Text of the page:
Whilst the WX (Weather) wasn’t the best to be operating outside, I got setup in the Bongo quite well, at least I was warm and dry, and the IC-705 was at no risk for rain damage (one of the main issues for SoTA, its just not that rugged compared to the KX series of radios). I set about going across the different FT8 frequency/bands. At least this would be a decent propagation test and also make some contacts. I was able to tune in 40M and get the SWR down to 2:1, which resulted in 2 FT8 contacts on 40M. For a magloop I am happy with those results and on a Data mode where the key-time is longer than that for a typical HF QSO. 17M gave excellent SWR readings and resulted in 3 DX contacts. I returned to 20M and worked a further 4 DX stations via FT8, all on 10W of power into a mag loop in pretty grim WX (rain, thunderstorms)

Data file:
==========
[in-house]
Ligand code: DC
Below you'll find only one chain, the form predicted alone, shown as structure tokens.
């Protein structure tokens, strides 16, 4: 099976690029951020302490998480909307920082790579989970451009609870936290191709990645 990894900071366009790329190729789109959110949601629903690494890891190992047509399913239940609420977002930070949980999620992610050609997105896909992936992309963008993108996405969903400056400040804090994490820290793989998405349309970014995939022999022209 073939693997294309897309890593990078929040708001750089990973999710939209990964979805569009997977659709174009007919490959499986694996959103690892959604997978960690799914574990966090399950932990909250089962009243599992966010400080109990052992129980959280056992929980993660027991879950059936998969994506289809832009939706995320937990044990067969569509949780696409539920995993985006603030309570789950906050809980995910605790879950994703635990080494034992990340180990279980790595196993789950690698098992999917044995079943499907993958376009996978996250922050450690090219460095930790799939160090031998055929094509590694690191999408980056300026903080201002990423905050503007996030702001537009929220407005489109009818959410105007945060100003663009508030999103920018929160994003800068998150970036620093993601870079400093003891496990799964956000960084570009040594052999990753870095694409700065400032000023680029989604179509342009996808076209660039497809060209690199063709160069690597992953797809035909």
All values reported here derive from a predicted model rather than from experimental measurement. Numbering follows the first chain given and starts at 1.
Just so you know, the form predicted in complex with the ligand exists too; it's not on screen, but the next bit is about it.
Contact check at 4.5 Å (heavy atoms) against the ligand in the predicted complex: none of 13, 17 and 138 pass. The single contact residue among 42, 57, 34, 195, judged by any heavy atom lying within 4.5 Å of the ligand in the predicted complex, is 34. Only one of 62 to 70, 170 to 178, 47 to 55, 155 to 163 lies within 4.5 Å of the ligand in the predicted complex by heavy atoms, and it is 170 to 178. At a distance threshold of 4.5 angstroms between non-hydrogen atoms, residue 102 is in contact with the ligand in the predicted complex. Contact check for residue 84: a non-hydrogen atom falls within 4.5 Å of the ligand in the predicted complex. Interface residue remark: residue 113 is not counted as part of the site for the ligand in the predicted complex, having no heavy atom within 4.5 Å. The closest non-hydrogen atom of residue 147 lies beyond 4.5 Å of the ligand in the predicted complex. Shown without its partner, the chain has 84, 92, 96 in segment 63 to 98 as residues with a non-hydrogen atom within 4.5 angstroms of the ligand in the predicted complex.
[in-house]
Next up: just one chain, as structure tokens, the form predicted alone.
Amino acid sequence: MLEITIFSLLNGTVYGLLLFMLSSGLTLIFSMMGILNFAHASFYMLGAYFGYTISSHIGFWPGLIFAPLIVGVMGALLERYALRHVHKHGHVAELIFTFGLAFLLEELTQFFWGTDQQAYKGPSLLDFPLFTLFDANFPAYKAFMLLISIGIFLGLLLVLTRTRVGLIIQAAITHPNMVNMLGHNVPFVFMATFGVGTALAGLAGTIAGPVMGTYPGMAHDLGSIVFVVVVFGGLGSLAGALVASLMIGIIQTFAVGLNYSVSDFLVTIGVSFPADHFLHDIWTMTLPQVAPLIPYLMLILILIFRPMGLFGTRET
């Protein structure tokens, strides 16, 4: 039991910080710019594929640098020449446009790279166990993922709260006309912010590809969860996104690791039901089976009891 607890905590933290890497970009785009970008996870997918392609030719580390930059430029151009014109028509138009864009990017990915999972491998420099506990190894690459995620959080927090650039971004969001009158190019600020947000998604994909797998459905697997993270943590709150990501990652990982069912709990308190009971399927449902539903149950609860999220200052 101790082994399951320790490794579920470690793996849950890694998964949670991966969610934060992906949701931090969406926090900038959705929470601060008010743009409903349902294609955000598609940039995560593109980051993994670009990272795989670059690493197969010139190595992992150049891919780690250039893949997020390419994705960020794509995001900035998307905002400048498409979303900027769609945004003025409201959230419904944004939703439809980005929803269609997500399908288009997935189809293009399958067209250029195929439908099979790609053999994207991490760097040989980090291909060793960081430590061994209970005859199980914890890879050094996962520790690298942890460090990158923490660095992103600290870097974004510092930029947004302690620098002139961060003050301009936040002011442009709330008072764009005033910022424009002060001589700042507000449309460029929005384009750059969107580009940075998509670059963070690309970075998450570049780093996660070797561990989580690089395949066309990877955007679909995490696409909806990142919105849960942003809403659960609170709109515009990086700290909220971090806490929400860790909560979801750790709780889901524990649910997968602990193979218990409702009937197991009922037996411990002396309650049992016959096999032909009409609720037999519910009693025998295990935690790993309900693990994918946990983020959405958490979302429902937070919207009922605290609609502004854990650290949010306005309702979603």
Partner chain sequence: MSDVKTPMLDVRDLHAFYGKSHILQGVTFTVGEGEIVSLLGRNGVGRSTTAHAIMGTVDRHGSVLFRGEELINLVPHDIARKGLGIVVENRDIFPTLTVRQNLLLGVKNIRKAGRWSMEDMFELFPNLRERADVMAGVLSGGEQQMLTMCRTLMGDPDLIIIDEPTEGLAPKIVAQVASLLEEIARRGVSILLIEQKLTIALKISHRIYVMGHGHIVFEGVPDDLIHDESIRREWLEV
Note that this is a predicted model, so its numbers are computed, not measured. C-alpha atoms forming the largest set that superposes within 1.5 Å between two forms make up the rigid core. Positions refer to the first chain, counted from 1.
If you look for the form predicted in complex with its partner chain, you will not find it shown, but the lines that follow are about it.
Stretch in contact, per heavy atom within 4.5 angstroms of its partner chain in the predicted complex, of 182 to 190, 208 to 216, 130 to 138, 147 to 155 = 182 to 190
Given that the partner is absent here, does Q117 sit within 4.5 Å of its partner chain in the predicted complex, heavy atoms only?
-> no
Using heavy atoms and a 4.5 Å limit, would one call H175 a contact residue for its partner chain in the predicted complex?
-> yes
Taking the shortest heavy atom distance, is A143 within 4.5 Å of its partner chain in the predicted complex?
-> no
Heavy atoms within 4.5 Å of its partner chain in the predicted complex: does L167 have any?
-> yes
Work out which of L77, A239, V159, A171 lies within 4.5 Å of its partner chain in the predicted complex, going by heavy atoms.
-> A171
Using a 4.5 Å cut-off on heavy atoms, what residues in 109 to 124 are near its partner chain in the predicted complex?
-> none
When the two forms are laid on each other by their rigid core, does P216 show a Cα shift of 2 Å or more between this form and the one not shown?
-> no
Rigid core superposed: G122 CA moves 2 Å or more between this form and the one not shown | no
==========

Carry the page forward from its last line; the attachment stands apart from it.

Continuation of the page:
FT8 via pskreporter – into .JP and East Coast America on 10W

Whilst not the activation I was expecting due to the weather, being able to diversify and setup in the Bongo resulted in plenty of contacts and being able to (TBC) activate the park. I was really glad to start out on telephony contacts and people thanking me to activate the park, it really makes it worth the time and travel to enjoy PoTA.

Logged contacts

Yeovil Amateur Radio Club QRP convention

An ealy start from Bournemouth as we drove upto Sherbourne – I was rewarded with a space in the nearby car-park which was free due to broken machine !

It was a chance to test out the APRS on my Bongo and I took two fellow members from G4PRS along, it was great weather for a nice, albeit bumpy ride up ! The little whip antenna on the Bongo done a grand job of reaching multiple digipeaters to send the APRS packets onto.

It was a nice stroll from the car park to the hall, its a lovely little village and there was even nice sign-posts to the hall.

Once inside for such a small venue there was plenty to see and great people to talk to. It was great to meet so many other radio amateur enthusiasts and those around QRP as well. I registered on the SPRATS desk and got a nice copy of sprats for a 40M beacon which could be a project I build later in the year..